My advice to readers is "give this book a chance." Other reviews have noted that it is not a "light" read, and that the author's approach to punctuation and frequent switches in time frame can be confusing. I read the first five or so pages over and over SEVERAL times before I felt as though I knew enough about who was "speaking" and what the context was to move on with the story. So, my first impression was "uh oh." BUT, if a reader is patient, and gives the book time to develop -- ah, what a wonderful read! You will have to pay attention... to the language, to the character development (like peeling layers away to get to know them), and to the changes from time/place to another, as the story switches about in Ivory's life. It is well worth the initial work of figuring out how to read this book. It is inventive, it is interesting, and it's an utterly new approach to a historical period we've all read about. We are experiencing it as the characters did -- in an intensely personal (and biased and blind) way. As if living through it, not as if it's an "historical" education.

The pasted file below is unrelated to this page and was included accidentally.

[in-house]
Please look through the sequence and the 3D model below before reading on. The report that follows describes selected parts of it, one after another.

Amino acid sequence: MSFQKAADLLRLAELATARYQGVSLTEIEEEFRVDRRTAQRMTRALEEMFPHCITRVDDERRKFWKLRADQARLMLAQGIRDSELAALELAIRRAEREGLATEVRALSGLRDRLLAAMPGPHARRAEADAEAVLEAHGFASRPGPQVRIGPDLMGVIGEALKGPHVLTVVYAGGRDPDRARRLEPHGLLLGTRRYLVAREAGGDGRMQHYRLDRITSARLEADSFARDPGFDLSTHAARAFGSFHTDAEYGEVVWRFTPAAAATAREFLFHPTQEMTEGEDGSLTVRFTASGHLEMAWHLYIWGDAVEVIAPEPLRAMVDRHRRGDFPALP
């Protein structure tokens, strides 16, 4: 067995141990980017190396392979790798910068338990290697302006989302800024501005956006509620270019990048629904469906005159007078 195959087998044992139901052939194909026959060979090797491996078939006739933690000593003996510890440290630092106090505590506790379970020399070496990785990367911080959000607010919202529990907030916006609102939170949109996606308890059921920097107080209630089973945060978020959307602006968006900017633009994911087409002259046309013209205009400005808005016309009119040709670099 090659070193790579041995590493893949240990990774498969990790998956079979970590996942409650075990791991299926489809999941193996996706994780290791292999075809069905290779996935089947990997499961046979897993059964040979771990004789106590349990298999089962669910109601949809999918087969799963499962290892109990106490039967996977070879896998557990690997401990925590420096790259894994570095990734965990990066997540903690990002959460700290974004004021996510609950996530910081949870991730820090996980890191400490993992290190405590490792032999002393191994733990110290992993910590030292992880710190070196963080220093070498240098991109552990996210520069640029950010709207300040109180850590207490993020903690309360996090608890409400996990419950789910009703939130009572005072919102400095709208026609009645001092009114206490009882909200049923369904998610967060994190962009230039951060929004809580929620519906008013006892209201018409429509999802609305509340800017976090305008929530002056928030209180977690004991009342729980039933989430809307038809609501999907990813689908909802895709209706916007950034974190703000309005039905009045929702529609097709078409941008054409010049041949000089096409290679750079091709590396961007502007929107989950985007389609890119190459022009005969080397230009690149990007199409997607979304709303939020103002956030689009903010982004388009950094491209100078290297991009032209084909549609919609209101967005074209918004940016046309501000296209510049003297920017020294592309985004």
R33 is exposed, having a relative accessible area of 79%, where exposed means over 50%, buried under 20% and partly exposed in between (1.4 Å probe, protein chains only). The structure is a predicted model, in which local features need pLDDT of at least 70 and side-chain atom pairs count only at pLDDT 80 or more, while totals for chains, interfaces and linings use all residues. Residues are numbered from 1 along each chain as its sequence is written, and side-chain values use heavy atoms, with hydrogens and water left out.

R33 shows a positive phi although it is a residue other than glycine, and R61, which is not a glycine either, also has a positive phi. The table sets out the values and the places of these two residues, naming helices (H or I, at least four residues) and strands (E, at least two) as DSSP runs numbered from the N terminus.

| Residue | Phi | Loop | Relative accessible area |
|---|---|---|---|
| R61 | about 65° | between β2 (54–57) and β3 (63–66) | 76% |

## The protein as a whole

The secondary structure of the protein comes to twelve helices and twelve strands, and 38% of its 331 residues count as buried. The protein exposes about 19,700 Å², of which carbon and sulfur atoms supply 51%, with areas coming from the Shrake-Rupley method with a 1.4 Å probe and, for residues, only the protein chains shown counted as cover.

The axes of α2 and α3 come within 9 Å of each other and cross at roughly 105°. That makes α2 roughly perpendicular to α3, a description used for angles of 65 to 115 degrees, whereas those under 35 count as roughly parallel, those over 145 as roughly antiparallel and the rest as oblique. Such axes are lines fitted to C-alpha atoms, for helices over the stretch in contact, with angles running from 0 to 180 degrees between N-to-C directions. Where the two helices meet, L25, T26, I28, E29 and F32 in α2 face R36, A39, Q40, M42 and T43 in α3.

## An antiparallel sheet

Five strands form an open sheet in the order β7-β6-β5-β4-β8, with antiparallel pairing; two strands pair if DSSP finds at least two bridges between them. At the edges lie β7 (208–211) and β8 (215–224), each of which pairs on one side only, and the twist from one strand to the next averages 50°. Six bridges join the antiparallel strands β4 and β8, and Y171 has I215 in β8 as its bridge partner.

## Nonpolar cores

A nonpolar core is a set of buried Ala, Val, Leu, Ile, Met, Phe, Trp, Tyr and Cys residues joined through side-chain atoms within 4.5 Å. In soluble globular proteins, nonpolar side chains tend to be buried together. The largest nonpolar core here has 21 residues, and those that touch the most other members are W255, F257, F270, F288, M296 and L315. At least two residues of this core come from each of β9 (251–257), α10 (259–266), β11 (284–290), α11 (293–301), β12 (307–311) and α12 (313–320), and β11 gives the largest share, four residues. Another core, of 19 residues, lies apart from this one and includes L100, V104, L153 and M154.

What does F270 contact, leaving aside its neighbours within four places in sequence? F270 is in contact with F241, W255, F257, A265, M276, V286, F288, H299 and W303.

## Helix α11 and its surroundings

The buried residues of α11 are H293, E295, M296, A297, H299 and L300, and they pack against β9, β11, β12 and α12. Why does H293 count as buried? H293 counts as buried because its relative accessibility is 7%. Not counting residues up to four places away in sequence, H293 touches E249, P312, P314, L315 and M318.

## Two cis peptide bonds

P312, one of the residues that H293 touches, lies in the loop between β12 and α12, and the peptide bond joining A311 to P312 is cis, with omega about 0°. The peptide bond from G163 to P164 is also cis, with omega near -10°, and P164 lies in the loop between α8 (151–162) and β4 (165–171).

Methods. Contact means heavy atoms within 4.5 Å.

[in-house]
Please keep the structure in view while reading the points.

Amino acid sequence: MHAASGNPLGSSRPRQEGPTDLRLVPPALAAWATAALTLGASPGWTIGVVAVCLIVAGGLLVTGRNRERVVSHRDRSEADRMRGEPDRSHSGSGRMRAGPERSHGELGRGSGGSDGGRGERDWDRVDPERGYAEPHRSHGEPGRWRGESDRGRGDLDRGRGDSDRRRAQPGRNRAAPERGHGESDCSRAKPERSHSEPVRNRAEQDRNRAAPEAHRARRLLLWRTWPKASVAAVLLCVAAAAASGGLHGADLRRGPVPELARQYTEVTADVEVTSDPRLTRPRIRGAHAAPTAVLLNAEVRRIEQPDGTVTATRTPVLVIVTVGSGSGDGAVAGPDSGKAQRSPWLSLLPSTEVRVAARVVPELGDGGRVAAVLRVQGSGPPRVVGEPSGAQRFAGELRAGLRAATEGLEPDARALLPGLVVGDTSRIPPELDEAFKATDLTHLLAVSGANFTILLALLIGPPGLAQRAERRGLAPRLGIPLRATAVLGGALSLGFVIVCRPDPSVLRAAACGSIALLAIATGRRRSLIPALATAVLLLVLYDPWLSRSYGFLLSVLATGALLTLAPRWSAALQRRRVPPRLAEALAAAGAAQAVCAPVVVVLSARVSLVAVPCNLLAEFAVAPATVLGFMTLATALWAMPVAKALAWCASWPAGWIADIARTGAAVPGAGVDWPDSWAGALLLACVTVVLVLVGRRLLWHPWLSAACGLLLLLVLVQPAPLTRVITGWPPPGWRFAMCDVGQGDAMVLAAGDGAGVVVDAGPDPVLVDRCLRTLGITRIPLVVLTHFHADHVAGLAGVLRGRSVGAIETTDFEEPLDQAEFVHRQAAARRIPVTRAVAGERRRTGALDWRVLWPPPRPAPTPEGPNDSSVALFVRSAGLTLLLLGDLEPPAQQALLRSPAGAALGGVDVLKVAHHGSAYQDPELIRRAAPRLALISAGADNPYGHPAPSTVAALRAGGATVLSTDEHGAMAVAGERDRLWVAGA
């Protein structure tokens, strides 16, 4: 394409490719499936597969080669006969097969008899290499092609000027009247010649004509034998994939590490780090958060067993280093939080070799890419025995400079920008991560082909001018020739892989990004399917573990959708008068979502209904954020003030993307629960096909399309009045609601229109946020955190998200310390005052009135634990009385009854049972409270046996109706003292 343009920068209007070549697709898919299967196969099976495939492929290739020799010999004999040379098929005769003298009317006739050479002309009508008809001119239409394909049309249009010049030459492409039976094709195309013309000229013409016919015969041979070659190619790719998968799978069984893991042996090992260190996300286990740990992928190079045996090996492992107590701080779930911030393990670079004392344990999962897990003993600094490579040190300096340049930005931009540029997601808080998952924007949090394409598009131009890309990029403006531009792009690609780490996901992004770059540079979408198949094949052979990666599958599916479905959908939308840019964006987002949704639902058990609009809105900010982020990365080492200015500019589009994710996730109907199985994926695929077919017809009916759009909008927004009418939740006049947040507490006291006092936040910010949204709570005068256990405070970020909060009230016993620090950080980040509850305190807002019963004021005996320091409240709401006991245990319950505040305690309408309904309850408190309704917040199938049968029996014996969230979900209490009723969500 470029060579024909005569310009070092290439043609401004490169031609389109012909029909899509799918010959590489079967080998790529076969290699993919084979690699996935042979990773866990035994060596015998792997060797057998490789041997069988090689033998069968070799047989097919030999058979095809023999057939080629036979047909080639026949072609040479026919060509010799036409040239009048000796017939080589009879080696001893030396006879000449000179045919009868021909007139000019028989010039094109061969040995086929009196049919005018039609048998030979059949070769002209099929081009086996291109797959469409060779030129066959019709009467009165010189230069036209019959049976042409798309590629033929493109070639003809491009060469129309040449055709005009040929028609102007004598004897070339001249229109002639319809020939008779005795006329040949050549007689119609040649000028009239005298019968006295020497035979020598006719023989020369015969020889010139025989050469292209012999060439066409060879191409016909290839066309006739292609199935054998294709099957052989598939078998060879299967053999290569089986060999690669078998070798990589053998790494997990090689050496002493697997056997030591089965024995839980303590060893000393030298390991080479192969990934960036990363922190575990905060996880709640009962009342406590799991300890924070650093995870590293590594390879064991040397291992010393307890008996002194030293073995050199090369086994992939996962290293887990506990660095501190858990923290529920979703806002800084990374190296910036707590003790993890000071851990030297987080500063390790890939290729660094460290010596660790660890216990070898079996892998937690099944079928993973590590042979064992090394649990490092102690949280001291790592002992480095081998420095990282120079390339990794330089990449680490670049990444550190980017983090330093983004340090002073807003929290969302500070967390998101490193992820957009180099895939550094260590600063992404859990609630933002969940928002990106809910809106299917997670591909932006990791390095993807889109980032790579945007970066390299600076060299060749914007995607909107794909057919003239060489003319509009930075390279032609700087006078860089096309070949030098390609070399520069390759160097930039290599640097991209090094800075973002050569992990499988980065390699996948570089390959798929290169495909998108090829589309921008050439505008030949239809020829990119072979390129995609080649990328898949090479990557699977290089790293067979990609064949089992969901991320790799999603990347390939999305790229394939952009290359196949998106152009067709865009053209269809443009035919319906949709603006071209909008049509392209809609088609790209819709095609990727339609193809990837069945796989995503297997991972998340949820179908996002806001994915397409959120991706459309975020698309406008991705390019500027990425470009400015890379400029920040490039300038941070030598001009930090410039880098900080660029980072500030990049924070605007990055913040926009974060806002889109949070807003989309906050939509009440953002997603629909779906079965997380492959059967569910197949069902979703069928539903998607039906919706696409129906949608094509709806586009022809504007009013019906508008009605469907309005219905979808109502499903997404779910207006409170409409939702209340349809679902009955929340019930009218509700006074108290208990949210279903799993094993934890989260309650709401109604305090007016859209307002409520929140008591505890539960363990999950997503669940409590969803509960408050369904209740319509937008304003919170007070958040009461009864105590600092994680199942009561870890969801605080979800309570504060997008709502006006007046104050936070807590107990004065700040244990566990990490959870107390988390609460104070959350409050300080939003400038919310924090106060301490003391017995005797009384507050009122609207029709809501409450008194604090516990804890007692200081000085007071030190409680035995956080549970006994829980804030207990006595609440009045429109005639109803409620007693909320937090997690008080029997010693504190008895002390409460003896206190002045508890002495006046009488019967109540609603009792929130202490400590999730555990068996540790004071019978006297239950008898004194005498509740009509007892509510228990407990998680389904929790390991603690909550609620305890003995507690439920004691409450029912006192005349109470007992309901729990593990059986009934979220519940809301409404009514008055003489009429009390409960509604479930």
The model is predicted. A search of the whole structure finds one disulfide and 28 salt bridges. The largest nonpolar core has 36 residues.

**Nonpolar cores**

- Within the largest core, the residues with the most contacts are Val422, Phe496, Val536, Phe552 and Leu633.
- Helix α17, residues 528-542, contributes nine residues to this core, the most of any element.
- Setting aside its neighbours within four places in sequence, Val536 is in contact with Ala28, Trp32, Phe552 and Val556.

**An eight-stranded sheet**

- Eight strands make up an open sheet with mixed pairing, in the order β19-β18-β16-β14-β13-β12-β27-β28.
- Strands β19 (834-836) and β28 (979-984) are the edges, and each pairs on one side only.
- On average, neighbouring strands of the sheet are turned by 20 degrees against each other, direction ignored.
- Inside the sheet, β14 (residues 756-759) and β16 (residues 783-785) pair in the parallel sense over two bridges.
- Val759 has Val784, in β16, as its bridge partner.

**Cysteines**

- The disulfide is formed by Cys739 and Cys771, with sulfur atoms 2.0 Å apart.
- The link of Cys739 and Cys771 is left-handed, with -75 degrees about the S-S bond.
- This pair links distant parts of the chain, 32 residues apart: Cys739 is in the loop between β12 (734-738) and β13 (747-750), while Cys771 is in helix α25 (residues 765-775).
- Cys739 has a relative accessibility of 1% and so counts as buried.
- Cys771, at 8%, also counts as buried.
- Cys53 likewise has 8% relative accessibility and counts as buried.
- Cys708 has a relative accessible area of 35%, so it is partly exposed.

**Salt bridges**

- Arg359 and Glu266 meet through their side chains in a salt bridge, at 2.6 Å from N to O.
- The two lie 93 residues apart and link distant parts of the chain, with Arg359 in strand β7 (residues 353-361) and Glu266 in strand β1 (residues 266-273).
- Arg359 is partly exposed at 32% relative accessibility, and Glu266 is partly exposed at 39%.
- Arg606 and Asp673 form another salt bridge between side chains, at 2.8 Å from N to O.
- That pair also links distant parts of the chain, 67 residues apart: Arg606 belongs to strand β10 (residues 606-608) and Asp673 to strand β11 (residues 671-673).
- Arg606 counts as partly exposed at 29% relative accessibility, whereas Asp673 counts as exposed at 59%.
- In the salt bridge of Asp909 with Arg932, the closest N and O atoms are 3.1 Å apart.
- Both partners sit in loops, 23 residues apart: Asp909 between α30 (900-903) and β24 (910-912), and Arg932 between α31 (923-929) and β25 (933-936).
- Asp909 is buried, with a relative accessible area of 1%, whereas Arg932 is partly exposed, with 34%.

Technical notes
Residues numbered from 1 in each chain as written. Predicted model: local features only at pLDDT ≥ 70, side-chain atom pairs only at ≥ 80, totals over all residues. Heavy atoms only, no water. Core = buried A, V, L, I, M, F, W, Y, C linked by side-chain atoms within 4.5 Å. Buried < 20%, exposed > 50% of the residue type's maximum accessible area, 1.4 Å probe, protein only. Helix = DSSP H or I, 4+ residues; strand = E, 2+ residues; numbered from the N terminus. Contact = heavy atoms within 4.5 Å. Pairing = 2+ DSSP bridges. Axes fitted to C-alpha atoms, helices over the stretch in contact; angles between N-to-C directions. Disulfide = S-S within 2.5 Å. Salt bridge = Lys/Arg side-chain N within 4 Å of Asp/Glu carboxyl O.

I recommend this book highly, unless you're looking for a boilerplate, quick, easy, "beach read" sort of book. ( )
  LisbethE | Dec 29, 2018 |
This review was written for LibraryThing Early Reviewers.
The Dictionary of Animal Languages by Heidi Soponka is a captivating literary fiction novel that is also historical fiction. The prose is lovely and lyrical and connected me to the main character in an unexpected way.